1. Reed, Stephanie

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Patients' rights legislation is back in the spotlight, as a new mix of legislators in Congress and a new president try their hands at shaping the issue. New patients' rights legislation introduced early this year may move toward enactment during this Congress.


"Since the 105th Congress (1997-98), the ANA has been a leader in the effort to pass strong, comprehensive patient protection legislation that holds health plans accountable for decisions they make that harm patients," says ANA president Mary Foley, MS, RN. "The ANA has also been in the forefront of efforts to ensure that any patients' bill of rights includes whistleblower protections for registered nurses who are advocates for their patients' health and safety."



The Patients' Bill of Rights Act, S. 6, introduced by Senate minority leader Tom Daschle (D-SD), is modeled on the bipartisan Norwood-Dingell bill (the Bipartisan Consensus Managed Care Improvement Act of 1999) that passed the House in the last Congressional session.


The Bipartisan Patient Protection Act of 2001, S. 283, introduced by a bipartisan group of senators led by John McCain (R-AZ) and John Edwards (D-NC), is also based on the Norwood-Dingell bill but has several significant revisions to language addressing health plan liability for patient injury or death. The bill is cosponsored by a number of leaders in previous efforts, including Senator Edward Kennedy (D-MA). The House companion bill to the McCain legislation is H.R. 526, introduced by Representatives Greg Ganske (R-IA) and John Dingell (D-MI).


A whistleblower provision, supported by the ANA, is included in each of these bills. These bills also prohibit plans from discriminating against health providers based on the types of licenses they hold.


While the support of Senator McCain and five other Republicans could set the stage for passage of a strong patients' rights bill this year, President Bush's stance on this issue may be critical to its success. The president campaigned on having supported a strong bill in Texas-even though he allowed it to become law without his actual signature. President Bush entered the congressional debate by sending a letter and a set of principles for legislation on the issue to House Speaker J. Dennis Hastert (R-IL).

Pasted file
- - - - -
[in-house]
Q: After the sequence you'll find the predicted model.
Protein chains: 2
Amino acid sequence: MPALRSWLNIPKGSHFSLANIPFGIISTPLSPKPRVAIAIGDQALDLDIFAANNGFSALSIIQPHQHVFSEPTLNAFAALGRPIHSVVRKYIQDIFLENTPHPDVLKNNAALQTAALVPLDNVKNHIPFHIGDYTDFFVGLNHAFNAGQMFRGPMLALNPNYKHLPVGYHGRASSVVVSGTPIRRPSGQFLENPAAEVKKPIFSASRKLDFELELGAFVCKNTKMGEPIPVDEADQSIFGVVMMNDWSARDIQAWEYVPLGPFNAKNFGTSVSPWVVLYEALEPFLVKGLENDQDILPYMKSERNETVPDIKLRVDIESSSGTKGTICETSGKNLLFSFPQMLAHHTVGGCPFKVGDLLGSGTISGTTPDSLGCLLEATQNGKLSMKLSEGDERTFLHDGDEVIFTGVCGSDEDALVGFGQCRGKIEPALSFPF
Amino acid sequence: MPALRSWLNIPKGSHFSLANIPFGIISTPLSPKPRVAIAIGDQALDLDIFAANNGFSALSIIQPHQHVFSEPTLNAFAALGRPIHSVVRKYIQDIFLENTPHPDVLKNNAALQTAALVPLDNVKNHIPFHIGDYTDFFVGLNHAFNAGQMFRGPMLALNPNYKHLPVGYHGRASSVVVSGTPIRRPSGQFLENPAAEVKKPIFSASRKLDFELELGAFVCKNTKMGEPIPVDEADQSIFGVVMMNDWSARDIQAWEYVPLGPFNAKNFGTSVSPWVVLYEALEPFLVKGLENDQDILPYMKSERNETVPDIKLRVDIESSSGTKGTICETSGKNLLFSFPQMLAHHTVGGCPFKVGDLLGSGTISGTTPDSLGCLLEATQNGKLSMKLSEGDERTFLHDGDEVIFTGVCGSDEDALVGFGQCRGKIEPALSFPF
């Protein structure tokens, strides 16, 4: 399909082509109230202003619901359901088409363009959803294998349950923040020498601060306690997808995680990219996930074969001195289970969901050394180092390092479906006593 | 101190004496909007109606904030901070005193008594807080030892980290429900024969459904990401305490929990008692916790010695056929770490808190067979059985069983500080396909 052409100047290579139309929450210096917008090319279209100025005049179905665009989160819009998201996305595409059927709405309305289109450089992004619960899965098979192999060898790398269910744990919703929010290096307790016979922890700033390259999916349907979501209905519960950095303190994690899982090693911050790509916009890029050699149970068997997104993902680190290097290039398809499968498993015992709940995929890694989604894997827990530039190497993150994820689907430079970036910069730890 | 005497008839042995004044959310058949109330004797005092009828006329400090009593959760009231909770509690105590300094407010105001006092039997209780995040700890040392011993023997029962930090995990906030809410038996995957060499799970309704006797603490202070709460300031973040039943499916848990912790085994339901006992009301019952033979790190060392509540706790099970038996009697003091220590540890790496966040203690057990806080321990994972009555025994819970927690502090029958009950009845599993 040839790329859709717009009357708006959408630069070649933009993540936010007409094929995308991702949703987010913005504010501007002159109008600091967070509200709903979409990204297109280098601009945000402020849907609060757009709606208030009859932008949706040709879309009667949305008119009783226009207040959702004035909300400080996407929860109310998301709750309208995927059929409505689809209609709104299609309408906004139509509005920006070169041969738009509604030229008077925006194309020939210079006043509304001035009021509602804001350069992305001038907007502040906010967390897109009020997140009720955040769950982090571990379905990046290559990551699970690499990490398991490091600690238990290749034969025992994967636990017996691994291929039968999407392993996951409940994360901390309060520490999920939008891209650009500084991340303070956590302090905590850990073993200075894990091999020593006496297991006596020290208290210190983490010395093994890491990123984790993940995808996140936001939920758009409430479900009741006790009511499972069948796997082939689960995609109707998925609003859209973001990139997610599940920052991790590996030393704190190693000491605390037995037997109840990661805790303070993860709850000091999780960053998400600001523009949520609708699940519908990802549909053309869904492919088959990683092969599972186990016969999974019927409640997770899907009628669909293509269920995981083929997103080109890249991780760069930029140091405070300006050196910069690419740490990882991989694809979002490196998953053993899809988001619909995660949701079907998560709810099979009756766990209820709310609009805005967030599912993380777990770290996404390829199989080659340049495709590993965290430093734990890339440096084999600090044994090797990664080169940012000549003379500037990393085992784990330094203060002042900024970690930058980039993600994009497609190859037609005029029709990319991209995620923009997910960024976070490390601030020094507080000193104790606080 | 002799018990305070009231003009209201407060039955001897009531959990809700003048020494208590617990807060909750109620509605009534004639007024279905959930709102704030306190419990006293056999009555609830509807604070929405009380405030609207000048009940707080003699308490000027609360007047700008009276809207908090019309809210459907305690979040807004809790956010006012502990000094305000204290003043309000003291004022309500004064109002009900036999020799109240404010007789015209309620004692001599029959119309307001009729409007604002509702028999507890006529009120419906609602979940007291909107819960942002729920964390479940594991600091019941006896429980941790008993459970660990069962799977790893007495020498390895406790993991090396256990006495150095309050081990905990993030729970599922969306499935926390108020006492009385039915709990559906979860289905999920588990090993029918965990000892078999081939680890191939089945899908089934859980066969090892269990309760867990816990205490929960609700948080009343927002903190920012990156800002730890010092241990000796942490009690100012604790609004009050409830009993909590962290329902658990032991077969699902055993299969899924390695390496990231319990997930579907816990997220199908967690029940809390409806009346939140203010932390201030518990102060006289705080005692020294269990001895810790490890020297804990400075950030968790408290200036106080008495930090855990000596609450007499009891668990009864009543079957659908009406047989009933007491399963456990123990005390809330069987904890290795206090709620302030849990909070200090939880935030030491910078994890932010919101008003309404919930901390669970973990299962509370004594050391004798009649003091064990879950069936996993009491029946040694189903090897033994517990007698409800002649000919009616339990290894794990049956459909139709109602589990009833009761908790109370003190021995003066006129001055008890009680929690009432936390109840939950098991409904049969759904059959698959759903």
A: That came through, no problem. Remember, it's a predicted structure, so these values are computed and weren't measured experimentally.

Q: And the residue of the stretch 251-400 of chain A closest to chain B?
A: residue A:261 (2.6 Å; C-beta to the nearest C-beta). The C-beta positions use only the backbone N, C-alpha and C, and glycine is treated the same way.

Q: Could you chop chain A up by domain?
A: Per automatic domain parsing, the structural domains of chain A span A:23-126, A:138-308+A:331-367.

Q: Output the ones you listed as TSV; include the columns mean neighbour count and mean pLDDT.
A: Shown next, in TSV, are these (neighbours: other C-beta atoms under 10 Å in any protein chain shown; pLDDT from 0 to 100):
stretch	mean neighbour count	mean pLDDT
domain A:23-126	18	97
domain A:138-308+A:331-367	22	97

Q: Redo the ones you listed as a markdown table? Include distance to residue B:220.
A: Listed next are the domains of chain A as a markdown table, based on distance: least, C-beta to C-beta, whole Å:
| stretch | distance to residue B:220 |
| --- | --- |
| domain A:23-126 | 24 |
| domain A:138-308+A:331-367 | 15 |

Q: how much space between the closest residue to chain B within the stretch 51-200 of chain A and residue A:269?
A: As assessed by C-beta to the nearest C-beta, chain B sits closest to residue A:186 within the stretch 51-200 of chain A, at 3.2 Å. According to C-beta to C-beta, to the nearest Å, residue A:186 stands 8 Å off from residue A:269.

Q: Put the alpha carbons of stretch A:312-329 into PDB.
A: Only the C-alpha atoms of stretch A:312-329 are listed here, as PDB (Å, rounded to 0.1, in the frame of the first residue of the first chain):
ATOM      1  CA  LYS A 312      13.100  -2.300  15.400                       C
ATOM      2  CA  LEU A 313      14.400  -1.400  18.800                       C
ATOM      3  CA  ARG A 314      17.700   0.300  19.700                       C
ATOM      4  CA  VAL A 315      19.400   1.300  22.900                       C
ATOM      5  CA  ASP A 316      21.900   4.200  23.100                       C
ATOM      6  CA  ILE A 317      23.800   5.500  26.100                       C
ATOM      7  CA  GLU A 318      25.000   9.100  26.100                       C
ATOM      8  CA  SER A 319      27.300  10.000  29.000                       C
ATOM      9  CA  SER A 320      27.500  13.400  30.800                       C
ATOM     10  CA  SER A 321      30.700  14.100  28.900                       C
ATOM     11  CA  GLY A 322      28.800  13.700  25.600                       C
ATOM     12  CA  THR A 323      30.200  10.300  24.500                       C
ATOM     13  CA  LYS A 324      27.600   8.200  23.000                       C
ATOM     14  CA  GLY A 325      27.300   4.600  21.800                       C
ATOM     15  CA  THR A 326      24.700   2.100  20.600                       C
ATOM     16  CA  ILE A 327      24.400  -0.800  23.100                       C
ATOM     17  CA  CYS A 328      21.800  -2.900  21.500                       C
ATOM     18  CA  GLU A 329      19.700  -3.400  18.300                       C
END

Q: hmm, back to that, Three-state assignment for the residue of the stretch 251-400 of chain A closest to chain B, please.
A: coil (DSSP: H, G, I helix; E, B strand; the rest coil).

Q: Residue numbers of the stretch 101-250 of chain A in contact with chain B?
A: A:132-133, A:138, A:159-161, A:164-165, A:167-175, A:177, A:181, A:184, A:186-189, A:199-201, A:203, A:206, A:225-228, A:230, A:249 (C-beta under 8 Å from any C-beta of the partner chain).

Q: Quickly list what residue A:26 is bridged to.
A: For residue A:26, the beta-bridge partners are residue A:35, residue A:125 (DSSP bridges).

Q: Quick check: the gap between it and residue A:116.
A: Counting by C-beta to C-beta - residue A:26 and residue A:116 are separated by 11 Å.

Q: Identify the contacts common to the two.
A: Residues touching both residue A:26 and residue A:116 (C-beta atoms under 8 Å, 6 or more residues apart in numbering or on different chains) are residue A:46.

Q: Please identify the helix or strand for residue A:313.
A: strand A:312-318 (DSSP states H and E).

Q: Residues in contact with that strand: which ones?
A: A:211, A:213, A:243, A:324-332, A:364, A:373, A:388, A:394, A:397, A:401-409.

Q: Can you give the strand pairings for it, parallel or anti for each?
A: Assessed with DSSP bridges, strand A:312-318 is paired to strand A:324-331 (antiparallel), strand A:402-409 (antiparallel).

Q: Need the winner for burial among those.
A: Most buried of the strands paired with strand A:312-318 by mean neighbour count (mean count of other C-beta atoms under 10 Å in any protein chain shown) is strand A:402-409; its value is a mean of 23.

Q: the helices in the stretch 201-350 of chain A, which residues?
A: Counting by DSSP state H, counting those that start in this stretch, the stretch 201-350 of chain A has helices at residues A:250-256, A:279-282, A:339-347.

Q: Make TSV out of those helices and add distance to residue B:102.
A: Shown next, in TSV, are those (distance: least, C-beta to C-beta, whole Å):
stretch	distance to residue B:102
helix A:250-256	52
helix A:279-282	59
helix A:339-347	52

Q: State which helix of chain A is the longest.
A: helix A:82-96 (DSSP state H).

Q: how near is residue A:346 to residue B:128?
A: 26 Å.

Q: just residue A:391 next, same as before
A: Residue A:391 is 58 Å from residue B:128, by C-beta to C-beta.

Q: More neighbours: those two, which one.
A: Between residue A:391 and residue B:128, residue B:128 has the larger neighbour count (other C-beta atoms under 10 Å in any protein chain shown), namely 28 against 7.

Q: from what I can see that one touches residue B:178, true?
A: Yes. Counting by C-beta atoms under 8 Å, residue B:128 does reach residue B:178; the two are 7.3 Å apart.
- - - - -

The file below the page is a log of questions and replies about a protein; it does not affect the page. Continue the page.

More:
According to the Bush principles, lawsuits would be restricted to federal courts, requiring patients to exhaust all internal and external appeals before they sue; there would also be "reasonable caps on damages." The McCain bill would permit a patient to sue in state courts when the case involves denial of benefits or quality of care. It would move to the federal courts those cases involving purely administrative decisions, which would be tried as civil cases with a $5 million cap on damages. Senator Daschle's bill (S. 6) is simpler: it allows patients to sue plans in state courts under state law, the usual venue for this type of lawsuit. It would not allow for punitive damages if a plan had followed the decision of an external reviewer.


The McCain proposal would address business community concerns by allowing employers to be sued only if they directly participate in benefits decisions that result in injury or death. The Bush principles would protect employers from suits unless they "retain responsibility for and make final medical decisions."


Another issue to be hashed out is the scope of coverage in the proposed new protections. The newly introduced bills embody the position of the ANA and other proponents of comprehensive coverage-the legislation must provide a federal floor of protections for everyone and state law should apply only when it strengthens federal law. The Senate Republicans, led by Senate majority whip Don Nickles (R-OK), have previously insisted that federal legislation cover only plans that are not subject to state law, which affects only about one-third of the people who have private health coverage. President Bush's principles state that "deference should be given to . . . state laws . . . ," a standard that is somewhat ambiguous.


"The ANA's message to Congress on patient protection legislation is unwavering: Congress should enact strong, comprehensive, and enforceable protections," said Foley. "The final bill must include the whistleblower provision that protects nurses and other health care professionals from retaliation when they advocate for their patients."